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In this thread we ponder the realities of intellectual property by contrasting it with a future that is awesome.
The predicate goes like this: when you hear a song, you can remember it. In fact a lot of the time you can almost but not quite imagine you're hearing the whole song over again, but it's just not the same as actually listening to it.
Presumably - since it would be awesome - in the future someone could invent a bioengineering solution which would allow us to have active recall of listening to music - some way to rewire the neurons so the data was stored accurately and could be recalled by stimulating your auditory senses in a direct way.
This would all be internal and biological - essentially an enhanced body function.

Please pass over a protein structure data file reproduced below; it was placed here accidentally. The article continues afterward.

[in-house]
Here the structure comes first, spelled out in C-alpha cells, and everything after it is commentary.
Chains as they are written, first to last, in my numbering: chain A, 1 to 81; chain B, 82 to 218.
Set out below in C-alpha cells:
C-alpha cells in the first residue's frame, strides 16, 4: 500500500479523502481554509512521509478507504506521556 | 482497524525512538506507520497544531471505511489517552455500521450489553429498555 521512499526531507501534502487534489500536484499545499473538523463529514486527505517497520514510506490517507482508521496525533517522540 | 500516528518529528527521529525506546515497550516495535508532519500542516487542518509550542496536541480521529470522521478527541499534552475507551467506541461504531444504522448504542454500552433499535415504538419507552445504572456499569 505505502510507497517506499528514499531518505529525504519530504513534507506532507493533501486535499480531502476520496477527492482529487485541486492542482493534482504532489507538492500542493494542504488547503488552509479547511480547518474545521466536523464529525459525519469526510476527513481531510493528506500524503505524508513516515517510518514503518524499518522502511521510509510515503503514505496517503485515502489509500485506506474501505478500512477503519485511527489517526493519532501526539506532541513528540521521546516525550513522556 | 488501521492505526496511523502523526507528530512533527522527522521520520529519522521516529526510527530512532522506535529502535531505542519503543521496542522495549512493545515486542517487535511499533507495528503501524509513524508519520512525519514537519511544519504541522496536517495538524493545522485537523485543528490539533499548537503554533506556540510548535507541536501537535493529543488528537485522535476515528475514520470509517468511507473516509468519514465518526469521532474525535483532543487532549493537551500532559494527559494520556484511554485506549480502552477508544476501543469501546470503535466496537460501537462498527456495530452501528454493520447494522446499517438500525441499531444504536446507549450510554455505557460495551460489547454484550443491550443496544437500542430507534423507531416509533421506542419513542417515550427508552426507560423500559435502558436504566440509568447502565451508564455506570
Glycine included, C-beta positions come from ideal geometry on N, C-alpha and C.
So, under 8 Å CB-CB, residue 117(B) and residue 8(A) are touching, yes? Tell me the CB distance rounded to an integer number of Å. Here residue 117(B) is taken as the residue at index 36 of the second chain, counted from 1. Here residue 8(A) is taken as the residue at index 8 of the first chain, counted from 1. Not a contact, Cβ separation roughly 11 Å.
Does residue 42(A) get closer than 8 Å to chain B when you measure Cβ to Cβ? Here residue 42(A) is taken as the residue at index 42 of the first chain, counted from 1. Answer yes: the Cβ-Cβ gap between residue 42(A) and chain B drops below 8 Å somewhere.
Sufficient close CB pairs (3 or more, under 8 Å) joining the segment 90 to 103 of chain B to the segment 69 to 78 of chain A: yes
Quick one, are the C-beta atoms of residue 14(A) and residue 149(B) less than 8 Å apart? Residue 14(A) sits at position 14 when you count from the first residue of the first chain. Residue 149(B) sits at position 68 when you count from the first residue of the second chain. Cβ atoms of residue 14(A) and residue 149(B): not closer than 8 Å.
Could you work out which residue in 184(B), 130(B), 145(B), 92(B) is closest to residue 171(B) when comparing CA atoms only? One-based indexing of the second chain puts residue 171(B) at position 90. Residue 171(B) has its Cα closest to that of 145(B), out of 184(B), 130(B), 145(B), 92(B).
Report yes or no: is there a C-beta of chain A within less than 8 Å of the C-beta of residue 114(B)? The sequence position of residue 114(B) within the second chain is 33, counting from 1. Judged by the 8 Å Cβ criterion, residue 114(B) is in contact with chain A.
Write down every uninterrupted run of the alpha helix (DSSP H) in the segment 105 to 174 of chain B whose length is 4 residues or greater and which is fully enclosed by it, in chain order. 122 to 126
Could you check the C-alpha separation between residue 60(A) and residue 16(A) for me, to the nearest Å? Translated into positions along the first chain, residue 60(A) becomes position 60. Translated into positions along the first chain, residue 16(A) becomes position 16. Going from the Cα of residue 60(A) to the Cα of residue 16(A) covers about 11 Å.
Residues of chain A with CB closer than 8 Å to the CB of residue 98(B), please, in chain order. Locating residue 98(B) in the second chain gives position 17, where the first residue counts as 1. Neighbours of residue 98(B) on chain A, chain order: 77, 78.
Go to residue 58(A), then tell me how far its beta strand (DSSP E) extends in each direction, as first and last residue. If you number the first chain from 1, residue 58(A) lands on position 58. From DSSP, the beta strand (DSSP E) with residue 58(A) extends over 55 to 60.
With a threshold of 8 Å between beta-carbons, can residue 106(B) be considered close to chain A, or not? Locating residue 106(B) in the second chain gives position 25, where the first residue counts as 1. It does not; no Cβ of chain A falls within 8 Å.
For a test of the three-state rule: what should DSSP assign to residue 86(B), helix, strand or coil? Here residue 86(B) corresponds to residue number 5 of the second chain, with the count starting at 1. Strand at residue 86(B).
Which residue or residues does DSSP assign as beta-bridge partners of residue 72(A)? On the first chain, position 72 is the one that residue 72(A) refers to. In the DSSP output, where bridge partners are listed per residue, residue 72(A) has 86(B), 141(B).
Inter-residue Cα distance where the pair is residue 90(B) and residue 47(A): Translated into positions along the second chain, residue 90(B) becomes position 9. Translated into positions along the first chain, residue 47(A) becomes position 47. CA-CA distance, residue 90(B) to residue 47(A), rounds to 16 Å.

Where does modern copyright law fit in this future?
Hearing a song on say, HD radio, you would never feel compelled to buy it since you'd be able to recall an extremely accurate and sensational memory of it at will. Would it be considered copyright infringement to do so? Would we dream to try and enforce it? What model can IP have in such a world, and by extension, does the modern model of IP even make sense since our technology lets us do, essentially the same thing.
Cancer is when cells stop letting the body mooch off their hard work - clearly a community of like-minded cells should isolate themselves and do the best job each can do, even if the rest of the body collapses!